After news broke that former Republican Congressman Mark Foley had sent salacious instant messages to a former congressional page, liberals hoped that all their political dreams would come true. It seemed that a juicy sex scandal was just the thing to help Americans forget that most Democrats want to cut and run in Iraq, provide Geneva Convention protections to terrorists, and prevent the President from authorizing warrant less wiretaps of calls from Al Qaeda members into the United States.
But it seems that things haven’t turned out quite like the Democrats expected. In an ABC News/Washington Post poll taken between October 5 and 8, three-quarters of respondents said that the Democrats wouldn’t have handled the Foley matter any better than Republicans had. What’s more, a Pew Research Center survey taken between September 21 and October 4 found that the scandal hadn’t changed the margin by which voters reported they preferred Democrats to Republicans. In fact, the job approval of Republican leaders actually rose one point after the scandal broke.
Despite all the left-wing attempts to portray the Foley matter as a symbol of Republican decadence and corruption, it’s revealed much more about the character of the Democratic Party than about the GOP. Examples are plentiful.
First, it’s shown that some Democrats are truly clueless when it comes to issues of personal morality and responsibility. Democratic congressional candidate Debbie Farrell (running against incumbent Chris Shays in Connecticut’s 4th district) called on Speaker Hastert to resign in the wake of the Foley scandal. Somehow, she saw no inconsistency in denouncing Hastert as she campaigned with Senator Teddy Kennedy. It fell to her opponent to point out that even the worst allegations against Hastert fell well short of the behavior to which Kennedy had admitted at Chappaquiddick. Even then, Farrell didn’t understand. “My jaw dropped,” she reported, upon hearing Shay’s comments.
Second, it’s become clear that some Democrats are hypocrites of the first order. Claire McCaskill, Missouri’s Democratic candidate for the U.S. Senate, says of Bill Clinton, “I think he’s been a great leader, but I don’t want my daughter near him.” If Bill Clinton is, indeed, a “great leader” despite his own sexual history, it’s not clear upon what principle McCaskill, too, has called for Dennis Hastert’s resignation based on Mark Foley’s wrongdoing.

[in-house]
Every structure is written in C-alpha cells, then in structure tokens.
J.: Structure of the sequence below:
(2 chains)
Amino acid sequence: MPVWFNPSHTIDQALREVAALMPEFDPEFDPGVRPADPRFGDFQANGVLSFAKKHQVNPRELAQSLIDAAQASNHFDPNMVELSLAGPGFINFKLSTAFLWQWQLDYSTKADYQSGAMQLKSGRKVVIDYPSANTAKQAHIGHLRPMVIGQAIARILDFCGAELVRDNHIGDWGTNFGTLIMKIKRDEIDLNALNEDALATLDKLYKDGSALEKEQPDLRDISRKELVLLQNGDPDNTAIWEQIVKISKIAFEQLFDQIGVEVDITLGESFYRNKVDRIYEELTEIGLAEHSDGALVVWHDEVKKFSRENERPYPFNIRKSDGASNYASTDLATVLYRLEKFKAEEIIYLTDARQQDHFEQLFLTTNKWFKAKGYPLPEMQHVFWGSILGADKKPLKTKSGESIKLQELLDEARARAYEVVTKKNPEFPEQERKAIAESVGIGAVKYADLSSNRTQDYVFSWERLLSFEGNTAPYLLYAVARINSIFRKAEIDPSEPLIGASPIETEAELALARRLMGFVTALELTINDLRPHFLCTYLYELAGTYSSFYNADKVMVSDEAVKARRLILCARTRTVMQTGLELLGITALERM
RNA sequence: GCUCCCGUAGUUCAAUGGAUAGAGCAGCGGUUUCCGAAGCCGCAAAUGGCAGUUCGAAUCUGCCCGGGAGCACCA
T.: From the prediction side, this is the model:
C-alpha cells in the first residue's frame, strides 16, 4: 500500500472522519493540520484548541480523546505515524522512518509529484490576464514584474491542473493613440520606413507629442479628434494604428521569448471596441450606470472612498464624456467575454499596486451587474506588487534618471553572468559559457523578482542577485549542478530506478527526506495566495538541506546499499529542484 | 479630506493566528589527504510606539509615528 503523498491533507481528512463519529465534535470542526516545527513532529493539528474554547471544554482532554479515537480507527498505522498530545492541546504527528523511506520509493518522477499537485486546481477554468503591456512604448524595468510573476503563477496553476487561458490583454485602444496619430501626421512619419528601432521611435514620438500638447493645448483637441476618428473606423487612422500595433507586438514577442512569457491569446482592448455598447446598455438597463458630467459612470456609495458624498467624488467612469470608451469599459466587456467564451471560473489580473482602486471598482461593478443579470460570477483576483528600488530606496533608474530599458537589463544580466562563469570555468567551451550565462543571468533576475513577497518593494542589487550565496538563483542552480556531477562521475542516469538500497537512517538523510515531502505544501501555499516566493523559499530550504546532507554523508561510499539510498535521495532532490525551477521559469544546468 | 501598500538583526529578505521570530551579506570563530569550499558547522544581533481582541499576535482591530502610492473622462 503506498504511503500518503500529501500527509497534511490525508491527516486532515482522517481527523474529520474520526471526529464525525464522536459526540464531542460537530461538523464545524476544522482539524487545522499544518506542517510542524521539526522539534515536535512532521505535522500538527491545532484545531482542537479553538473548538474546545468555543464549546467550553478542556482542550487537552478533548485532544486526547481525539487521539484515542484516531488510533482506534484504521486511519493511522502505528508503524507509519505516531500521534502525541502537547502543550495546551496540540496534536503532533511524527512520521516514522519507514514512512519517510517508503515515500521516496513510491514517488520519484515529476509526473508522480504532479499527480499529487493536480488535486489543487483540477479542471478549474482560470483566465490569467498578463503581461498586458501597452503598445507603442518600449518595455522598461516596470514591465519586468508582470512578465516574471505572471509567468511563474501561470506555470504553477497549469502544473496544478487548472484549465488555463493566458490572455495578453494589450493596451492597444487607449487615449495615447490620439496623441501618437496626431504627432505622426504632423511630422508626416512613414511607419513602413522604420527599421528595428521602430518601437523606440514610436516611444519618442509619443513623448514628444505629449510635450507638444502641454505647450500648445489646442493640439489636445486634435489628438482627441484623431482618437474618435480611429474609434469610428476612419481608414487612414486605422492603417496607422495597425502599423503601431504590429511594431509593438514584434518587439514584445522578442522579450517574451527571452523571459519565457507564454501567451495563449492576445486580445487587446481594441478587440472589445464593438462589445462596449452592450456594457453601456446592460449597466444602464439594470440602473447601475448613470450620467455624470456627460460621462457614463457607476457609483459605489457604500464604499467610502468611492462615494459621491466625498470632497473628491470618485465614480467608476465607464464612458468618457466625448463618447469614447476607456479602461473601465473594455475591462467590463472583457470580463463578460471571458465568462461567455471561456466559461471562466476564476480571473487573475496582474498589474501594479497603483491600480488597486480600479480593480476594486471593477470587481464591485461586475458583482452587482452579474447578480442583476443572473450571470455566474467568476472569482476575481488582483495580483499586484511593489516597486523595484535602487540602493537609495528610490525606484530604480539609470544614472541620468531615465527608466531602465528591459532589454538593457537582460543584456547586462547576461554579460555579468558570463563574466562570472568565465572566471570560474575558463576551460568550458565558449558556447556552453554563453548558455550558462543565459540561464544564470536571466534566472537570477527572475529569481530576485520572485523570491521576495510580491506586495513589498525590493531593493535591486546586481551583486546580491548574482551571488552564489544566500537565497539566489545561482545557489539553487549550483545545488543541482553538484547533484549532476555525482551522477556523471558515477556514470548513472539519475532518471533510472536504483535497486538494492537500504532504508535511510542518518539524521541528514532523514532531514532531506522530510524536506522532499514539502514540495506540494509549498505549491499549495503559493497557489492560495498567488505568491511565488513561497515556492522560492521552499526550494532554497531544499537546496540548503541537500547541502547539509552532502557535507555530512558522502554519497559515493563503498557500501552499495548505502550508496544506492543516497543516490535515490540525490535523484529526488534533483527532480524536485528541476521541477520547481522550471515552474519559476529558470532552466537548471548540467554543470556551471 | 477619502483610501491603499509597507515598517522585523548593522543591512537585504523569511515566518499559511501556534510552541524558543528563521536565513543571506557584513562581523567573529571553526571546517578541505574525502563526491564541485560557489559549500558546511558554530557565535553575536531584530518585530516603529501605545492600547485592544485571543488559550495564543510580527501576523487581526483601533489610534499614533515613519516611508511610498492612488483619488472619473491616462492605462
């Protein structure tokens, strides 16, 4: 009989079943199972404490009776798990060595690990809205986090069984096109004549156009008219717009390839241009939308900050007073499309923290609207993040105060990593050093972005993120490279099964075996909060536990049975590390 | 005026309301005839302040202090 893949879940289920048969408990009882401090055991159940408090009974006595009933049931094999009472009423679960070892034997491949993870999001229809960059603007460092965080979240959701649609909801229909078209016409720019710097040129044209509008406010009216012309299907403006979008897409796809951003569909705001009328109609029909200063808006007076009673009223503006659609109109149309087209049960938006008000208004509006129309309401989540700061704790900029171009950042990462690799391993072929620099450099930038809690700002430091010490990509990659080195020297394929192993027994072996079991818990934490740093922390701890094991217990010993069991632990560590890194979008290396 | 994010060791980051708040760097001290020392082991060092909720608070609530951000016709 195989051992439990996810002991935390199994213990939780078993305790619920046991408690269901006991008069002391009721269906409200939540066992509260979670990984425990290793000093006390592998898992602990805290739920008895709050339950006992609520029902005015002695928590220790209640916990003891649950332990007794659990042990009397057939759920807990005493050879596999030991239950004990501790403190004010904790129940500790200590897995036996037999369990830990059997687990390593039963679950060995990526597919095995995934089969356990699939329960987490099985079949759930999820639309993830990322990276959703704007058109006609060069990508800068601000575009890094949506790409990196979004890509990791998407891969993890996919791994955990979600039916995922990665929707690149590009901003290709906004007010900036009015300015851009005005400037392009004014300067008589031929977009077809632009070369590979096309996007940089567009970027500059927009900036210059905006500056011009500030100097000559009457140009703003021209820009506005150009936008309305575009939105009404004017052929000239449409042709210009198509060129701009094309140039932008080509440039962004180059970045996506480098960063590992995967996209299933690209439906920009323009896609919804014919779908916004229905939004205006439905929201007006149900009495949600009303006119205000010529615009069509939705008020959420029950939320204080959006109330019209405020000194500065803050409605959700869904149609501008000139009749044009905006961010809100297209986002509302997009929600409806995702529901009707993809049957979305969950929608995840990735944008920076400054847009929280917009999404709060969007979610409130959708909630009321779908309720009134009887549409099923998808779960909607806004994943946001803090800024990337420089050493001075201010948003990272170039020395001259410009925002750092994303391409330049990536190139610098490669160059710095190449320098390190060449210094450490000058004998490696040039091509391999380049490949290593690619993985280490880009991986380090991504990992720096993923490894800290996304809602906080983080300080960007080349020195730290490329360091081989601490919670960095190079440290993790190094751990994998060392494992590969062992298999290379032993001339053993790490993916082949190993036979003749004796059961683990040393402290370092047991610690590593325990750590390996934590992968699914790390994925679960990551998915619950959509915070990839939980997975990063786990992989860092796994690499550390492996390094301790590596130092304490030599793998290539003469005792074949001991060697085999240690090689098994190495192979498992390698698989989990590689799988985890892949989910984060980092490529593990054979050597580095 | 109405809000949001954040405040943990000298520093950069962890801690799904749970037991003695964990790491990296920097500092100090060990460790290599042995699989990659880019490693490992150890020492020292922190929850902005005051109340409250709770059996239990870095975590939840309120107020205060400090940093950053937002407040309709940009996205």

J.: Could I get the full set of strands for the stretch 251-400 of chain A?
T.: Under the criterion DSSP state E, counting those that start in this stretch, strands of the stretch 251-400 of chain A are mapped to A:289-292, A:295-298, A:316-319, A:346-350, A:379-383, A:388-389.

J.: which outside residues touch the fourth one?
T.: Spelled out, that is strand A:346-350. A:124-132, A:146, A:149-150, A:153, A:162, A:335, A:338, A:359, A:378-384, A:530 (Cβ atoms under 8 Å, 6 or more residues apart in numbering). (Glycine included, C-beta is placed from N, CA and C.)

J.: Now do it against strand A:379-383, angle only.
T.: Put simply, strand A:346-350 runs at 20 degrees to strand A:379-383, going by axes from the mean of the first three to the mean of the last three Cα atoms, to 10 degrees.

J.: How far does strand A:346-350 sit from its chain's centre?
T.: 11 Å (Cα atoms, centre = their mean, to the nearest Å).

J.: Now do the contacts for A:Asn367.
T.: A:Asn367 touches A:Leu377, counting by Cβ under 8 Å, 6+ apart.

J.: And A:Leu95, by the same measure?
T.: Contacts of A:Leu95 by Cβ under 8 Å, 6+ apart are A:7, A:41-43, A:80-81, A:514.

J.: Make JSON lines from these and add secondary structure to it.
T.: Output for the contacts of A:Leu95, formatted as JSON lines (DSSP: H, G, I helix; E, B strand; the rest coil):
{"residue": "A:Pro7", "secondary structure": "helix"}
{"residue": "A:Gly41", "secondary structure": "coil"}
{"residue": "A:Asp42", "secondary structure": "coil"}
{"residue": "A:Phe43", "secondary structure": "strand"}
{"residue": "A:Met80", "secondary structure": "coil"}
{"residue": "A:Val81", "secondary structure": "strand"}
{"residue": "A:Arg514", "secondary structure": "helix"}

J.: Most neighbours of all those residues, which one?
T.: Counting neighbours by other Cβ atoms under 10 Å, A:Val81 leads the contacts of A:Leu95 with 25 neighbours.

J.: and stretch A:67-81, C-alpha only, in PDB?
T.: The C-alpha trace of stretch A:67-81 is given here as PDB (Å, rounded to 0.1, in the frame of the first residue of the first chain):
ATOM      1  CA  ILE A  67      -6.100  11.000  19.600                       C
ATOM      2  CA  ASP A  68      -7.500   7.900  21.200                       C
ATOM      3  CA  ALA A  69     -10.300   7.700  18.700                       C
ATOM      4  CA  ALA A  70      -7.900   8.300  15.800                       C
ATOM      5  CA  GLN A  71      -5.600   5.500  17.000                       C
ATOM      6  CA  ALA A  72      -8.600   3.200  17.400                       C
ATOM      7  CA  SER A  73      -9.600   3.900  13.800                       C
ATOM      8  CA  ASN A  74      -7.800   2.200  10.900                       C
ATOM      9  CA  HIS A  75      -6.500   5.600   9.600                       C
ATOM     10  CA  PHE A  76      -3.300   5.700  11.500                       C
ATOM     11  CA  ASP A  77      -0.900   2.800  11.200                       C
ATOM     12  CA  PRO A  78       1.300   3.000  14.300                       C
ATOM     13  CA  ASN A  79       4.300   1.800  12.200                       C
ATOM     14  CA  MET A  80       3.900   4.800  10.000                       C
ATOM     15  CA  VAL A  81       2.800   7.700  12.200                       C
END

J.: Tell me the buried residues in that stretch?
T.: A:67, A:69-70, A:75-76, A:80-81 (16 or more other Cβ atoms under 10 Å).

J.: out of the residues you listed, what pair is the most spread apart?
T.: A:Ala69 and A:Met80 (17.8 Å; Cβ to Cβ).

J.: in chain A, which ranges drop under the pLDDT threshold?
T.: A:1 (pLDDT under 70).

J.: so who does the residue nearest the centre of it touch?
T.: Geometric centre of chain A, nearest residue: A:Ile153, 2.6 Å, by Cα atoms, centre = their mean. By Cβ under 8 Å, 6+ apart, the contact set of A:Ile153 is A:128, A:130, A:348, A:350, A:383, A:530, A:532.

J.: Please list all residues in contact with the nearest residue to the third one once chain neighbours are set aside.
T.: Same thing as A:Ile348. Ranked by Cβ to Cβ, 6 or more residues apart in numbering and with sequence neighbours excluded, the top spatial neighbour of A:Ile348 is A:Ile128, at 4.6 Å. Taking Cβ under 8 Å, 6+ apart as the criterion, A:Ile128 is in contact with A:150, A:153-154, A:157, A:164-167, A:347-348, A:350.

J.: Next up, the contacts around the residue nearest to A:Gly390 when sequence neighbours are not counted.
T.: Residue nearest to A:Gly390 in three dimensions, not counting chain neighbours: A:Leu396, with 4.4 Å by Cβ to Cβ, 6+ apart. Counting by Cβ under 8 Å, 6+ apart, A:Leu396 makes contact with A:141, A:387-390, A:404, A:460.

It’s likewise apparent that some Democrats are so desperate to gain power that they’re willing to lie to do it. Patty Wetterling, the Democratic congressional challenger in Minnesota’s 6th district, ran an ad charging that “Congressional leaders have admitted to covering up the predatory behavior of a congressman who used the internet to molest children.” Asked on CNN if any congressman had actually admitted knowingly and intentionally covering up the scandal, Wetterling conceded, “Of course not. Of course not.”
Finally, in the wake of the Foley affair, Democrats have once again revealed their profound ignorance of the Republican Party’s conservative Christian base. Just as John Kerry thought that alluding to Mary Cheney’s homosexuality would hurt the Bush-Cheney ticket in 2004, Democrats apparently believed that values voters would punish all Republican congressmen for Mark Foley’s moral failures. In doing so, they have overlooked the fact that people of faith understand that sin, like redemption, is an intensely personal issue, rather than a collective one.
Had the sex scandal occurred in Democratic ranks, and Republicans moved as aggressively to exploit it as their opponents have, there’s little doubt that the press would have cried foul. Ironically, it’s likely the mainstream media’s own over-coverage of the Foley scandal has actually hurt the Democrats – sanctioning over-the-top behavior that, ultimately, disgusts the uncommitted voters they most want to attract. (It will be interesting to see if they cover the emerging scandal about Senate Minority Leader Harry Reid’s land interests with similar vigor.)
Worst of all, the Democrats seem once again to have “underestimated” the American people. By relying on a tawdry sex scandal to help them regain the majority – rather than setting out any policies on the major foreign policy issues of the day – the Democrats have signaled that they believe normal Americans are as unserious about the war on terror as they are.
Americans have the opportunity to teach the Democrats a lesson about what really matters – to them and to the country – on Election Day. It’s an opportunity voters can’t afford to squander.